A new dark web marketplace called STYX was launched earlier this year and looks set to become a thriving hub for buying and selling illegal services or stolen data.
Among the services provided are money laundering, identity theft, distributed denial of service (DDoS), two-factor authentication (2FA) bypass, false credentials or identity theft and other personal data, rental of malware, use of collection services, email and phone flooding, identity search and much more.
The market officially opened on January 19 and uses an integrated escrow system to mediate trades between buyers and sellers.
However, analysts from threat intelligence firm Resecurity have noticed mentions of STYX on the dark web since early 2022, when the founders were still building the escrow module.
STYX supports payments with multiple cryptocurrencies and offers a special Trusted Sellers section that lists approved sellers, presumably in an effort to increase trust in the platform.
To showcase the buying process, the marketplace points to Telegram channels where bots interact with buyers and provide samples of the products being sold. Below are examples of a seller offering fake IDs, who created documents in the name of US President Joe Biden and former professional footballer David Beckham.
Resecurity researchers have compiled a report featuring some notable cases they discovered while exploring STYX, with the aim of highlighting the risks that arise from the operation of these illicit platforms and uncovering the real dimension of the cybercriminality.
Everything related to financial fraud
Resecurity went through all sections of STYX and discovered that it offers the following:
- Tools to bypass anti-fraud filters such as fingerprint emulators and spoofers.
- Stolen credit card and PII data (personally identifiable information) for sale.
- “Verification” (research) services that extract information about individuals or organizations.
- Fake ID or “drawing services that offer forged documents for over 65 countries.
- Flood services by phone, text and email ranging from $4 to $150 per day.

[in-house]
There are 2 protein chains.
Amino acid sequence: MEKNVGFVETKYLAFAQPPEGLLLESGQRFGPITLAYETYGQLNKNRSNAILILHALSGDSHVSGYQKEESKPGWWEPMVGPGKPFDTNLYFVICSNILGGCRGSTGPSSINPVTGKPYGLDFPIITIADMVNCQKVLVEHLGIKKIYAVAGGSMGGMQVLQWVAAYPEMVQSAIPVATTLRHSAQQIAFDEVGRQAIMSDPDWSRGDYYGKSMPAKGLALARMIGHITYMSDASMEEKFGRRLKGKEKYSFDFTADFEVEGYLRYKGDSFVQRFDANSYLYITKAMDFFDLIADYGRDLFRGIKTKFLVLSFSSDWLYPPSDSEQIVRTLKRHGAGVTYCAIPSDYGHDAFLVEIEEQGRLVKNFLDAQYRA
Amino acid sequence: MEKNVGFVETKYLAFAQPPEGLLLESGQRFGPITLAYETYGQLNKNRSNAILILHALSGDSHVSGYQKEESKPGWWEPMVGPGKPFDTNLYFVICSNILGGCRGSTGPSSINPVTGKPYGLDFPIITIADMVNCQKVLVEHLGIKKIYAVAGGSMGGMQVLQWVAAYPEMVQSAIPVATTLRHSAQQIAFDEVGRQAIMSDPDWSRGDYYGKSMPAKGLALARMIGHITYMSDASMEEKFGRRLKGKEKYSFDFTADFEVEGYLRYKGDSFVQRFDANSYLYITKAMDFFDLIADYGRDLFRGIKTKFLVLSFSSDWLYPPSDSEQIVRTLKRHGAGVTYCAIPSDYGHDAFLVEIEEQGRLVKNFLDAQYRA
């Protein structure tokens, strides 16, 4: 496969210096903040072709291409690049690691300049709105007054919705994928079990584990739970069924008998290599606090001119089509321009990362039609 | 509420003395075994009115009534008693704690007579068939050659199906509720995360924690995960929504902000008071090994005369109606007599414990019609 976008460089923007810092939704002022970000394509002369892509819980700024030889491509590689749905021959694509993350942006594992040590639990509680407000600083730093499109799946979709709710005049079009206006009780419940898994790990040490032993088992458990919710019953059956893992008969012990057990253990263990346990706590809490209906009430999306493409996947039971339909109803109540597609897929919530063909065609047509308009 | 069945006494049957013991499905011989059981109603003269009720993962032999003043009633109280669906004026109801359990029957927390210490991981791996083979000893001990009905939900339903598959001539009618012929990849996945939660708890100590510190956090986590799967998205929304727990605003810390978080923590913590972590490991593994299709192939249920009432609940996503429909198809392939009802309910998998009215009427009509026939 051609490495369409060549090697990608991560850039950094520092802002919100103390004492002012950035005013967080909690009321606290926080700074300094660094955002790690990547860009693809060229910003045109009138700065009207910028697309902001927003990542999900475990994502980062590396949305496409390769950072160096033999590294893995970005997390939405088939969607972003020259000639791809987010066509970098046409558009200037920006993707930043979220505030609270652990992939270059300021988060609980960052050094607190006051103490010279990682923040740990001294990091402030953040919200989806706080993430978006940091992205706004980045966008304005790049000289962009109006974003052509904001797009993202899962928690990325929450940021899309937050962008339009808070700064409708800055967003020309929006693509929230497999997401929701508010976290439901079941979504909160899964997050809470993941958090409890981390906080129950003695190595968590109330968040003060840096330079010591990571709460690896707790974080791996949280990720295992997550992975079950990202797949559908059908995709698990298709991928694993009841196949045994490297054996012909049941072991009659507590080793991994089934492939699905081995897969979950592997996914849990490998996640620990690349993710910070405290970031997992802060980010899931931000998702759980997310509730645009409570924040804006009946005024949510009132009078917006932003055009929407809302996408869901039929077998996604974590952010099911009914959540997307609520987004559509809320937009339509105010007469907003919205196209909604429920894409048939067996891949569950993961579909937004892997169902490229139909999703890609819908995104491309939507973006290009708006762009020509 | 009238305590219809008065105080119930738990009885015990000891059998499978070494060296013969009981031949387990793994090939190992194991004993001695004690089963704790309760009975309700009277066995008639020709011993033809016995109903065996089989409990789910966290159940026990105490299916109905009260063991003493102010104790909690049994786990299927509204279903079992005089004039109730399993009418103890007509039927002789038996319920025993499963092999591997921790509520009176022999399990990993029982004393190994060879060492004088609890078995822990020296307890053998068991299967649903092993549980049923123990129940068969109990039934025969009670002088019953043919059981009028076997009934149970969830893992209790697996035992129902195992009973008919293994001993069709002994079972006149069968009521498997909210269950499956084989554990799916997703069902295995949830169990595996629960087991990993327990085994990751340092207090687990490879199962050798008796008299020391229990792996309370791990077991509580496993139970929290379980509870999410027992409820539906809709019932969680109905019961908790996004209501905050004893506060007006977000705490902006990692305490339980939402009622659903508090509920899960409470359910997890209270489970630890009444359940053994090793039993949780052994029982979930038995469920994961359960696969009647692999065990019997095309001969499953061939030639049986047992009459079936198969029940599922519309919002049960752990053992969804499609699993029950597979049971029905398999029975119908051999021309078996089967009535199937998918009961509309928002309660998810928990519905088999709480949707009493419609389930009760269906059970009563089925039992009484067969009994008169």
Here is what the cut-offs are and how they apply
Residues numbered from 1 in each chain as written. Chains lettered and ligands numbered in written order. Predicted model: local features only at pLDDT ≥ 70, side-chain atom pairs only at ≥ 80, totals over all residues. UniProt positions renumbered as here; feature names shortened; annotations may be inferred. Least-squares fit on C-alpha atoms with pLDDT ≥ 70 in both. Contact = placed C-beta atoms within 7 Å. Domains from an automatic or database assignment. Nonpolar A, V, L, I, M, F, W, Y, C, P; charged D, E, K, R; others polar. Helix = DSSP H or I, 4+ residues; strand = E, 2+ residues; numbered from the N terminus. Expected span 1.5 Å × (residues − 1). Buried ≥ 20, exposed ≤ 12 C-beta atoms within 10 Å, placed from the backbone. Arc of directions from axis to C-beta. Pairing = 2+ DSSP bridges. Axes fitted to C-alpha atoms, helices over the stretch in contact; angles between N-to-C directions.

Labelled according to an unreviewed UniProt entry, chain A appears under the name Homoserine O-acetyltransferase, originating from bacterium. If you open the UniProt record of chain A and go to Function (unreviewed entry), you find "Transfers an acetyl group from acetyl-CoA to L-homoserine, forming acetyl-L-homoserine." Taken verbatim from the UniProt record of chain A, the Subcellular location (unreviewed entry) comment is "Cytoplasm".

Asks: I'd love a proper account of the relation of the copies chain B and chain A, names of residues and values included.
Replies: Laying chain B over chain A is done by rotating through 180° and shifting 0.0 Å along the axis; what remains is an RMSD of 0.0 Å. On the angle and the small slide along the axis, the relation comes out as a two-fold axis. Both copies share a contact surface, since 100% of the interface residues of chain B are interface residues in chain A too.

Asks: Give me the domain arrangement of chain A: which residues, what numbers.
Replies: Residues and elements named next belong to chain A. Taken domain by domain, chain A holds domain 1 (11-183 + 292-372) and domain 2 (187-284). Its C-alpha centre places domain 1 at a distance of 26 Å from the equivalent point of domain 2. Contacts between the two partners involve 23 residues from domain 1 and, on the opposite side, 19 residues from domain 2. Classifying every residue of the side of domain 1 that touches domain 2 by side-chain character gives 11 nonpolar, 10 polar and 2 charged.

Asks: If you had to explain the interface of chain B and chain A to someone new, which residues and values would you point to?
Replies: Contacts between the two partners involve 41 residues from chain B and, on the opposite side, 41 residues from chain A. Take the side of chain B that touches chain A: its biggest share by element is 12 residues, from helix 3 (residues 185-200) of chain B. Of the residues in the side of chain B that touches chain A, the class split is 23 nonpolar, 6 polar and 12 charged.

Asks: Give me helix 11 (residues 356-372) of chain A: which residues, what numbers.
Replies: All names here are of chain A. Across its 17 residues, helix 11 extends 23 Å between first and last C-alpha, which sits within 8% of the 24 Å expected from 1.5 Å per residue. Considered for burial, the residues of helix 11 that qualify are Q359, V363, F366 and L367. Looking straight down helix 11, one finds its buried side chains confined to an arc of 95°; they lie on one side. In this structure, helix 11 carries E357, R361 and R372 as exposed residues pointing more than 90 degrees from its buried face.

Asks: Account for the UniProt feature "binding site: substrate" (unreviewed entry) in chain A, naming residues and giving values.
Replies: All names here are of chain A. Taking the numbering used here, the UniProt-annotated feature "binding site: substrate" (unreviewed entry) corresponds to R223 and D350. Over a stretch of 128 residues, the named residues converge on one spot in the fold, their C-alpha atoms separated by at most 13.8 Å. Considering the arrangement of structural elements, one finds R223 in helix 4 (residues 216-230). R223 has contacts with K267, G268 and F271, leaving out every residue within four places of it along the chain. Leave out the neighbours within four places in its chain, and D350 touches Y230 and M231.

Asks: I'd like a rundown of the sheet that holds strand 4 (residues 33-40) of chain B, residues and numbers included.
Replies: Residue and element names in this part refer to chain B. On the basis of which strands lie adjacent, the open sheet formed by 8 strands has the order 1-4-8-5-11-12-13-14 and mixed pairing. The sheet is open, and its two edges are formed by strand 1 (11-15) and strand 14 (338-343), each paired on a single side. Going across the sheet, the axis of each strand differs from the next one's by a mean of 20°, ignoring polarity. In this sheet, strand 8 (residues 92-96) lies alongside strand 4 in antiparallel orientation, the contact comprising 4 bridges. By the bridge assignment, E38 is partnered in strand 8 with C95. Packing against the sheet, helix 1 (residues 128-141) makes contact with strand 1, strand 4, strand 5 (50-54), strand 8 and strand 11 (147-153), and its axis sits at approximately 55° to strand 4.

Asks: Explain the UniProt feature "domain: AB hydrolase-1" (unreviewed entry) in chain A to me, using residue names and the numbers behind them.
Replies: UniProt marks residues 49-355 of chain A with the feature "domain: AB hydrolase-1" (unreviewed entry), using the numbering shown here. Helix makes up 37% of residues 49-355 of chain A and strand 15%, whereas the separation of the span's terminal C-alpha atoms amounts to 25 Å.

- Money laundering services for BEC (business email compromised) scammers and other fraudsters.
- Manuals and tutorials on hacking and cybercrime operations.
The money laundering section is one of the most important in STYX, as “cleaning up” stolen funds is a crucial part of cybercriminal activity.
Resecurity has highlighted some providers that offer money laundering services through STYX, such as “Verta,” which charges a minimum of $15,000 for individuals and $75,000 for businesses and keeps 50% of the laundered amount.
Other money laundering service providers have different fees as shown in the screenshot below.
“Resecurity has also identified a group of trending cashout vendors who charge commissions based on the card’s exact BIN and gift card brand,” read the report.
“The distribution of commissions depends on the popularity of the service/bank, the complexity of the withdrawal process, including the tactics launderers will need to deploy to successfully circumvent a payment platform’s fraud filters,” explain the researchers.
STYX hosts a plethora of cashout shops that span the globe, offering “own” funds via Apply Pay, PayPal business accounts with merchant terminals, and various financial institutions in the US, UK and Canada.
The emergence of STYX as a new platform for financially motivated cybercriminals shows that the market for illegal services continues to be a lucrative business.
Digital banks, online payment platforms and e-commerce systems must rise to the challenge and upgrade their KYC checks and fraud protections to undermine the effectiveness of services sold in these criminal spaces.
With the Genesis market disruptedthe void for digital identities needs to be filled and STYX could see an increased flow of customers looking for compromised accounts and personal information.